(balance bill) medicare beneficiaries. 42 U.S.C. § 1395u
(j)(1)(C). OBRA 86 also established the Physician Payment
Review Commission (PPRC) as an advisory body to Congress. The
PPRC is to submit annual recommendations for rates and methods
of payment for physician's services under medicare part B.
42 U.S.C. § 1395w-1.
Against this backdrop of federal activity, Pennsylvania
enacted the Pennsylvania Health Care Practitioners Medicare Fee
Control Act, Pub.L. 1990-81, 35 P.S. § 449.31 et seq. (the
Act), which makes it flatly unlawful to balance bill at
all.*fn4 The plaintiffs claim that the Act is preempted by the
sprawling Medicare legislation, while the defendants argue that
the Act is of no concern or consequence to the federal scheme.
The parties agree that there are no factual disputes which a
trial is needed to resolve, and thus resolution by summary
judgment is particularly appropriate. Anderson v. Liberty
Lobby, Inc., 477 U.S. 242, 106 S.Ct. 2505, 91 L.Ed.2d 202
(1986); Celotex Corp. v. Catrett, 477 U.S. 317, 322, 106 S.Ct.
2548, 2552, 91 L.Ed.2d 265, 273 (1986); Chipollini v. Spencer
Gifts, 814 F.2d 893, 896 (3d Cir. 1987).
In deciding whether a federal law preempts a state law, our
"sole task" is to discern Congressional intent. California Fed.
Savings & Loan v. Guerra, 479 U.S. 272, 280, 107 S.Ct. 683,
689, 93 L.Ed.2d 613 (1987). Intent to preempt is found in three
interrelated ways. Schneidewind v. ANR Pipeline, 485 U.S. 293,
300, 108 S.Ct. 1145, 1150, 99 L.Ed.2d 316 (1988); Pokorny v.
Ford, 902 F.2d 1116, 1120 (3d Cir. 1990). First, Congress may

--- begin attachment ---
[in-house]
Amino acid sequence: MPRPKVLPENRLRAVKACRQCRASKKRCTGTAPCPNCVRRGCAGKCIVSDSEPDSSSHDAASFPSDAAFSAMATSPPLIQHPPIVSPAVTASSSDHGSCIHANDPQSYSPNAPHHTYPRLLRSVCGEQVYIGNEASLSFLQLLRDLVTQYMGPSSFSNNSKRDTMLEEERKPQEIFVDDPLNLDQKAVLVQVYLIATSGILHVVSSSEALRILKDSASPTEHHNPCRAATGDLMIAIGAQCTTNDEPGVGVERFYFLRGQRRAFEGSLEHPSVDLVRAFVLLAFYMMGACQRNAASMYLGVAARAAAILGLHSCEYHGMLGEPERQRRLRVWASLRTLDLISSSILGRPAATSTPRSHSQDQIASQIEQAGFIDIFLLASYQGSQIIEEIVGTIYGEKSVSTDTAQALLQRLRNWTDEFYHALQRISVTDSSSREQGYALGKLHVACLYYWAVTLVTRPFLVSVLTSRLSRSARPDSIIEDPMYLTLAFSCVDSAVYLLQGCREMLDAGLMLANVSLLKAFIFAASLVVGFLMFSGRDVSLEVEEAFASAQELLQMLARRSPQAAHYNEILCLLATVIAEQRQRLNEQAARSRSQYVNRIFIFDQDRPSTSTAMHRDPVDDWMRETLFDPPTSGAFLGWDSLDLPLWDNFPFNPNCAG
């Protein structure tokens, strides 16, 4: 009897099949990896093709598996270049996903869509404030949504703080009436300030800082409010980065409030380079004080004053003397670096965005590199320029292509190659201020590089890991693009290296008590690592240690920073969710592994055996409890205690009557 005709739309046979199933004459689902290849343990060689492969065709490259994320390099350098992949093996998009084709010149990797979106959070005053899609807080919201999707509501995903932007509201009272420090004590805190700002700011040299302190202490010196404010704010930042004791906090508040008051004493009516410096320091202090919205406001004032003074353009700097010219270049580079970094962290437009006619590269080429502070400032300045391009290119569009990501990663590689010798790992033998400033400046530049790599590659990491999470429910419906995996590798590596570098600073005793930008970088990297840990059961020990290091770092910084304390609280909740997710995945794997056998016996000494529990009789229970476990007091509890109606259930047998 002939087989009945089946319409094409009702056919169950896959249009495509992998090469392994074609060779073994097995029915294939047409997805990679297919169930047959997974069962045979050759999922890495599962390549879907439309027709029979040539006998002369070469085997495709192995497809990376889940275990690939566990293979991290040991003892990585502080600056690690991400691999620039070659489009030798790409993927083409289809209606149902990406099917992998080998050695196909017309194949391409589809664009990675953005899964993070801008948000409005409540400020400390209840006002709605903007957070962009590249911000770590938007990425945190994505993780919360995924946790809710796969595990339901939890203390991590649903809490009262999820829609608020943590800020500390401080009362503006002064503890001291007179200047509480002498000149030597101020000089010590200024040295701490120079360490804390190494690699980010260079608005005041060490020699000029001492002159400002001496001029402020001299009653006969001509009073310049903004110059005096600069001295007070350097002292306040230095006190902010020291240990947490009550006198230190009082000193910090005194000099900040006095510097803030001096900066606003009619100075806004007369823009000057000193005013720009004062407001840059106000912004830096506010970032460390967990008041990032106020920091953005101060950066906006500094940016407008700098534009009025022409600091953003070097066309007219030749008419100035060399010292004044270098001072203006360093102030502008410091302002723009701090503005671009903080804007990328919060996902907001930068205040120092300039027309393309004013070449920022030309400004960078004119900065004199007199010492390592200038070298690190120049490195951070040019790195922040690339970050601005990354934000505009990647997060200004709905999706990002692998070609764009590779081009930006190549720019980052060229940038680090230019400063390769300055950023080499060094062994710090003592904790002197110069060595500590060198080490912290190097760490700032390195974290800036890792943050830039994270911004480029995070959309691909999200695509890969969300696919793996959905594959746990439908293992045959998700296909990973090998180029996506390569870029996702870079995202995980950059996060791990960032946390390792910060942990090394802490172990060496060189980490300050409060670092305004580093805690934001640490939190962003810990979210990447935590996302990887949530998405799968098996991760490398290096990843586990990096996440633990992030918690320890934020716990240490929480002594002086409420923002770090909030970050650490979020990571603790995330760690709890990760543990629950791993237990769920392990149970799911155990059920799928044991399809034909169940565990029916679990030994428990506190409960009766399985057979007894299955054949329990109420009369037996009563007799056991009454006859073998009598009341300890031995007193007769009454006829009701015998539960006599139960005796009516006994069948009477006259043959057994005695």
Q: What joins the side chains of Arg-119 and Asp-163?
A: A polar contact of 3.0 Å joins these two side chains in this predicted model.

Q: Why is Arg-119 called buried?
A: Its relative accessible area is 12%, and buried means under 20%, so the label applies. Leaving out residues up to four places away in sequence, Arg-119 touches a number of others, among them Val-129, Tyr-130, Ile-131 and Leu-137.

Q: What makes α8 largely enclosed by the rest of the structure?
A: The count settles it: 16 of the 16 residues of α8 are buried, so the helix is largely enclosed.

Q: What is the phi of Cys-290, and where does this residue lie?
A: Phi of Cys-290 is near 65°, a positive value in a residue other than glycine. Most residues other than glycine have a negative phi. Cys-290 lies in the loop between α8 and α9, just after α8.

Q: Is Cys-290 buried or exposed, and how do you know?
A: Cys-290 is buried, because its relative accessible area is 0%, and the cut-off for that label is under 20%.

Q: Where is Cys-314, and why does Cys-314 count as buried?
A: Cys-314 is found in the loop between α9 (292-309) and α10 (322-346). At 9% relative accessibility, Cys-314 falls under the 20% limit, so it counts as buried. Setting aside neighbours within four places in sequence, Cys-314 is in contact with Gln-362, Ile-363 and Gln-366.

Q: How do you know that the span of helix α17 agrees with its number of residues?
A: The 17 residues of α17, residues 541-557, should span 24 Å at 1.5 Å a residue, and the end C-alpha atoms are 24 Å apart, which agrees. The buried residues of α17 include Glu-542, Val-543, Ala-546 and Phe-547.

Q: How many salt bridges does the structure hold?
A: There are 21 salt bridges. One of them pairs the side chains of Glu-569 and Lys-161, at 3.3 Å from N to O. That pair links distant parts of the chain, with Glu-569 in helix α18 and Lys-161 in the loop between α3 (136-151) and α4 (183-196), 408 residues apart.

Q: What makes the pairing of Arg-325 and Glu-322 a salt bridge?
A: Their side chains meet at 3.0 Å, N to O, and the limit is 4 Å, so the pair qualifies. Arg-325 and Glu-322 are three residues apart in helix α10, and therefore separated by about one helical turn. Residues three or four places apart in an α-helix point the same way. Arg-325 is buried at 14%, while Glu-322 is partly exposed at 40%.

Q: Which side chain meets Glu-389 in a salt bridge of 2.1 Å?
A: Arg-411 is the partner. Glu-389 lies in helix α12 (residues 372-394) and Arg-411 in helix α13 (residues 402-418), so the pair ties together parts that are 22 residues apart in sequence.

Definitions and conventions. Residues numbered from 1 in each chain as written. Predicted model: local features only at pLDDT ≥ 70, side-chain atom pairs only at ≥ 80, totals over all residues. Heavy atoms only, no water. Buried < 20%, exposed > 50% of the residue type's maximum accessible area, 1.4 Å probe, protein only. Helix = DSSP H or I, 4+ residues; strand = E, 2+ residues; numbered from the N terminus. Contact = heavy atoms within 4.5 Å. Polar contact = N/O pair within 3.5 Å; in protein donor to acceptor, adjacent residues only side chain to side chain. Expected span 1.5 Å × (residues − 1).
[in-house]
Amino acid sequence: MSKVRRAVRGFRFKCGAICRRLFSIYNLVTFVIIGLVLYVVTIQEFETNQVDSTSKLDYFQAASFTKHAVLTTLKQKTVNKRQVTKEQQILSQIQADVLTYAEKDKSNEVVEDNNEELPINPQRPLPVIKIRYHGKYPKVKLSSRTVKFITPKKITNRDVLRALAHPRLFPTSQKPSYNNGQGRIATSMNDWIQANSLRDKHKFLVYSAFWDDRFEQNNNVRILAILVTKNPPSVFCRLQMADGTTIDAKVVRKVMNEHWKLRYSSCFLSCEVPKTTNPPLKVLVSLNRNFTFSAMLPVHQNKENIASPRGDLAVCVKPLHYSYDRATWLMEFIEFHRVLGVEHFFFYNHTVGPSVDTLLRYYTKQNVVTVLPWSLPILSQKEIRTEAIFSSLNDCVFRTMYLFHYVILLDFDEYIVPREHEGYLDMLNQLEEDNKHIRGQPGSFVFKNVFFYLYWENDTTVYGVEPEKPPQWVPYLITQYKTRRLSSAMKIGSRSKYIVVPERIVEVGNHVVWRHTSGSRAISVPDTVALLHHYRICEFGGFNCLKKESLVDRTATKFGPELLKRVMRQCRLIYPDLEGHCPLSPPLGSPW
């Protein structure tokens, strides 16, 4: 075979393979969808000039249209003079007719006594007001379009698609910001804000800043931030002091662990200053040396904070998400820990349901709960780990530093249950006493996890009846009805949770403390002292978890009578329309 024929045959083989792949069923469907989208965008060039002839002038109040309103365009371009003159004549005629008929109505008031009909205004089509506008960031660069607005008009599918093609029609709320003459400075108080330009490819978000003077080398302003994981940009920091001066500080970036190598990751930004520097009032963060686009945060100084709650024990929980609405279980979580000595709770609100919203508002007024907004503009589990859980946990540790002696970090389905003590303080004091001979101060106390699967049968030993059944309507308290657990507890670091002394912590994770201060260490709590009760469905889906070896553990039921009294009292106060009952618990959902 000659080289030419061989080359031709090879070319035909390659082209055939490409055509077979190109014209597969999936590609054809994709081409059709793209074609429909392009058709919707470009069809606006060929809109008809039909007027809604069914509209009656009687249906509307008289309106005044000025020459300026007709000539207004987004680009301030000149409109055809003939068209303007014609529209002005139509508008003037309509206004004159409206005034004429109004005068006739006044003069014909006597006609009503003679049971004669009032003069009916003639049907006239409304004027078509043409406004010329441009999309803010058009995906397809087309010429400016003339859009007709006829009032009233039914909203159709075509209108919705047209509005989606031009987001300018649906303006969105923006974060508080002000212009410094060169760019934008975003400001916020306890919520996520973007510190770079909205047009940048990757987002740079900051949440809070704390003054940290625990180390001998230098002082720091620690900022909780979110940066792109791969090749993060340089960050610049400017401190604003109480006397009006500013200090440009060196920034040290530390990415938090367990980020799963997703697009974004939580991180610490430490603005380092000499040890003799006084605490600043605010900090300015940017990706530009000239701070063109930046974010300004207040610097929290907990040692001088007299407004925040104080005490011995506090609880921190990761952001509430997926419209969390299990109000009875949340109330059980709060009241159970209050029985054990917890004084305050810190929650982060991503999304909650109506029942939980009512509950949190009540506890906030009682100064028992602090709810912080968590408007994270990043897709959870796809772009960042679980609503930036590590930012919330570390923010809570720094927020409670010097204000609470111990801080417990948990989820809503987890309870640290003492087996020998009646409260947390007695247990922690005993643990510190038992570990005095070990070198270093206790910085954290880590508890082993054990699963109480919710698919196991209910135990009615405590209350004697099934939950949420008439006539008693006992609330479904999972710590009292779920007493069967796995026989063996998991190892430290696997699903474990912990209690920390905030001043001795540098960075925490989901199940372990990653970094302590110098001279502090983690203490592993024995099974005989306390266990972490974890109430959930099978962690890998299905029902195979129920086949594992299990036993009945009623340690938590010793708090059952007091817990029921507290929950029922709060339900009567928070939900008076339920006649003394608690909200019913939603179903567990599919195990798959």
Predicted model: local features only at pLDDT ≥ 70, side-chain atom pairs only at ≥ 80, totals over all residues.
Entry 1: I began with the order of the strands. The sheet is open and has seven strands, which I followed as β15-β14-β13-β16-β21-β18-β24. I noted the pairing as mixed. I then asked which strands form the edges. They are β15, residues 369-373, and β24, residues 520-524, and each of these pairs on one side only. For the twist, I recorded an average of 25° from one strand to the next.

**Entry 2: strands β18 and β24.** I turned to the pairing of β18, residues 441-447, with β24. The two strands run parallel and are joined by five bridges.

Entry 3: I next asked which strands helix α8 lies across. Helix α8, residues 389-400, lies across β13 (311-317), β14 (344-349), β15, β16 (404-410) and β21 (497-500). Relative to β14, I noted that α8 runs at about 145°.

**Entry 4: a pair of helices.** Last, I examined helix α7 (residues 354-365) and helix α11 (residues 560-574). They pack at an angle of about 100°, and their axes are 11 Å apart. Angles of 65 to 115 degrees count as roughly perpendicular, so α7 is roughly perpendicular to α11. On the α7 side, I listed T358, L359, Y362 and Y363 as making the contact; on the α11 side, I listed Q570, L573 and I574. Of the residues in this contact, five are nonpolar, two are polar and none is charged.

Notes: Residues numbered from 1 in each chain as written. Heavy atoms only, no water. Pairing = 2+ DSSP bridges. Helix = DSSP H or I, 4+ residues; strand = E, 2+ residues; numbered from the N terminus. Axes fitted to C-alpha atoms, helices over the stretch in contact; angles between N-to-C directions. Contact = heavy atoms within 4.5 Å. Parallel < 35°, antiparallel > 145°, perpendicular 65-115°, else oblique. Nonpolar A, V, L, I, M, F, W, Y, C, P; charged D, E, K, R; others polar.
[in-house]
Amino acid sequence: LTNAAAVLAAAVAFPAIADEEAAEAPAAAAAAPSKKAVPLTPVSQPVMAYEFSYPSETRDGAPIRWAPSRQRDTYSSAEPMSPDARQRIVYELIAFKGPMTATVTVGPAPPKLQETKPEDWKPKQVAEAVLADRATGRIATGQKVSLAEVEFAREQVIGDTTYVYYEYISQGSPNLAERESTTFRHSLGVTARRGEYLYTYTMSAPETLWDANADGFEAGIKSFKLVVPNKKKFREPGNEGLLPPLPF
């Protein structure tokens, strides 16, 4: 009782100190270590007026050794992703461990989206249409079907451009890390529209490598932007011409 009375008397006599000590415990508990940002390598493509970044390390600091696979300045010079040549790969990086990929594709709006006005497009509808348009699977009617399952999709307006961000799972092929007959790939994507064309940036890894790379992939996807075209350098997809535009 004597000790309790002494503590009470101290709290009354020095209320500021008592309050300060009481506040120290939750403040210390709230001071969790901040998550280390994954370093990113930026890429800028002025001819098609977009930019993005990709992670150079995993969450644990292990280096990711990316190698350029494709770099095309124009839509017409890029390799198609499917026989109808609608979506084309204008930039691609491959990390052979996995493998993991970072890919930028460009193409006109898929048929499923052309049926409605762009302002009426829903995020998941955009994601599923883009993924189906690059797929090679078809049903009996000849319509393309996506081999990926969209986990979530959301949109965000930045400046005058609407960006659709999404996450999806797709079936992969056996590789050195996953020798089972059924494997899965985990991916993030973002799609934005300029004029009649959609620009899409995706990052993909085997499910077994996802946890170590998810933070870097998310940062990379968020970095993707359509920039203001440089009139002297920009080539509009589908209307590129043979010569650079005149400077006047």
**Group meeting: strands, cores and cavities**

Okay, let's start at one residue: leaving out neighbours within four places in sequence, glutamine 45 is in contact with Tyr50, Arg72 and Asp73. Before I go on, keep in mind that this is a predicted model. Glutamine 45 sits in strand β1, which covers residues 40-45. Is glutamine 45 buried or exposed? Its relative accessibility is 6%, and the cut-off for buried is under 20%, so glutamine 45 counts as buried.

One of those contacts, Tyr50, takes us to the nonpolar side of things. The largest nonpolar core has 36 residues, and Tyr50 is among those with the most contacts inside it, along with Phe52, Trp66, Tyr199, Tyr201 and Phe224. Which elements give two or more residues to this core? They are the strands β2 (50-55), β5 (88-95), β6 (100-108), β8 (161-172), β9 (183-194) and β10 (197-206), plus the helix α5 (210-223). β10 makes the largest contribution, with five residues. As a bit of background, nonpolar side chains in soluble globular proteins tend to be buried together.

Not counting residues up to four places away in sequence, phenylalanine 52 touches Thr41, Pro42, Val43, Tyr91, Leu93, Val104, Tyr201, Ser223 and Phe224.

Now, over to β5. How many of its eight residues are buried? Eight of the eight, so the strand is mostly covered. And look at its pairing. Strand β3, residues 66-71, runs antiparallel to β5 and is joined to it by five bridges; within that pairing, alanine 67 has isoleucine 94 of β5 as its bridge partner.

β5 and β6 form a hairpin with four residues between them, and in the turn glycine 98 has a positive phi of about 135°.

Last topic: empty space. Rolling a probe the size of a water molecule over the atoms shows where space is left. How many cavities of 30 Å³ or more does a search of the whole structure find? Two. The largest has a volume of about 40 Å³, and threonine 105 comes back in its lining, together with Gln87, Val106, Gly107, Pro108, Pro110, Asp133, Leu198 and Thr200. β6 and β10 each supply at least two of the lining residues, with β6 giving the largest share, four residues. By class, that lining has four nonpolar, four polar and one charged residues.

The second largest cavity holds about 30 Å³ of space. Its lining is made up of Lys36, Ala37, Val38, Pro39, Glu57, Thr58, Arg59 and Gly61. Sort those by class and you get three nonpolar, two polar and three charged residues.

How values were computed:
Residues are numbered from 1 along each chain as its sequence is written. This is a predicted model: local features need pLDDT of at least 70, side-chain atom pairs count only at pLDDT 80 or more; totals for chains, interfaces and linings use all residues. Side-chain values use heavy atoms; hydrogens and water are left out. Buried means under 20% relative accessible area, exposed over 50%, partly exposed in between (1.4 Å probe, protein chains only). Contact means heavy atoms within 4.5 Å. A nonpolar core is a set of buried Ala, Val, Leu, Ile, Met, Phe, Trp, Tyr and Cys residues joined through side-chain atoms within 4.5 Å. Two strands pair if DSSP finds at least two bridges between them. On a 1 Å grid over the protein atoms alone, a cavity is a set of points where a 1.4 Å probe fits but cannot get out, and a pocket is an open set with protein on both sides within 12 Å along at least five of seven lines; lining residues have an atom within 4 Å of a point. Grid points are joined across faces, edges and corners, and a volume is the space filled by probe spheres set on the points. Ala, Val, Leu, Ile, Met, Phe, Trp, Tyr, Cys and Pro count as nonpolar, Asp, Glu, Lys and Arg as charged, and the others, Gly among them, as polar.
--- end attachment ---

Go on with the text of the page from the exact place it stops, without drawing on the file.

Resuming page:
expressly preempt state law by so stating. No such express
provision is present in the instant case. Second, courts will
imply preemption where Congress has "occupied the field" by
extensive regulation. Rice v. Santa Fe Elevator, 331 U.S. 218,
230, 67 S.Ct. 1146, 1152, 91 L.Ed. 1447 (1947); Schneidewind,
485 U.S. at 300, 108 S.Ct. at 1150. Preemption will also be
found in a third situation: where there is "an actual conflict"
between state and federal law. The presence of an actual
conflict, though most often referring to situations where it
would be physically impossible to comply with both laws, may
also be found where the state law "stands as an obstacle to the
accomplishment of and execution of the full purposes and
objectives of Congress." Hines v. Davidowitz, 312 U.S. 52, 67,
61 S.Ct. 399, 404, 85 L.Ed. 581 (1941); Hillsborough County v.
Automated Medical, 471 U.S. 707, 105 S.Ct. 2371, 85 L.Ed.2d 714
Under any approach, "we start with the basic assumption that
Congress did not intend to displace state law." Maryland v.
Louisiana, 451 U.S. 725, 746, 101 S.Ct. 2114, 2129, 68 L.Ed.2d
576 (1981). When Congress legislates within "the historic
police powers of the States" plaintiff bears the heavy burden
of proving that preemption "was the clear and manifest purpose
of Congress." Pacific Gas & Elec. v. Energy Resources Comm'n,
461 U.S. 190, 206, 103 S.Ct. 1713, 1723, 75 L.Ed.2d 752 (1983)
(quoting Rice, 331 U.S. at 230, 67 S.Ct. at 1152); California
v. ARC America, 490 U.S. 93, 101, 109 S.Ct. 1661, 1665, 104
L.Ed.2d 86, 94 (1989). The regulation of public health, and
therefore medical care costs, is well within those historic
police powers. Hillsborough, 471 U.S. at 707, 719, 105 S.Ct. at
2371, 2378; Great Atlantic and Pacific Tea Co. v. Cottrell,
424 U.S. 366, 371, 96 S.Ct. 923, 927, 47 L.Ed.2d 55 (1976);
Massachusetts Nurses Association v. Dukakis, 726 F.2d 41, 44
(1st Cir. 1984); Rebaldo v. Cuomo, 749 F.2d 133, 138 (2d Cir.
1984). In fact, from its inception, the medicare program itself
specifically sought to prevent any impact on the state's
traditional role in the health care area. 42 ...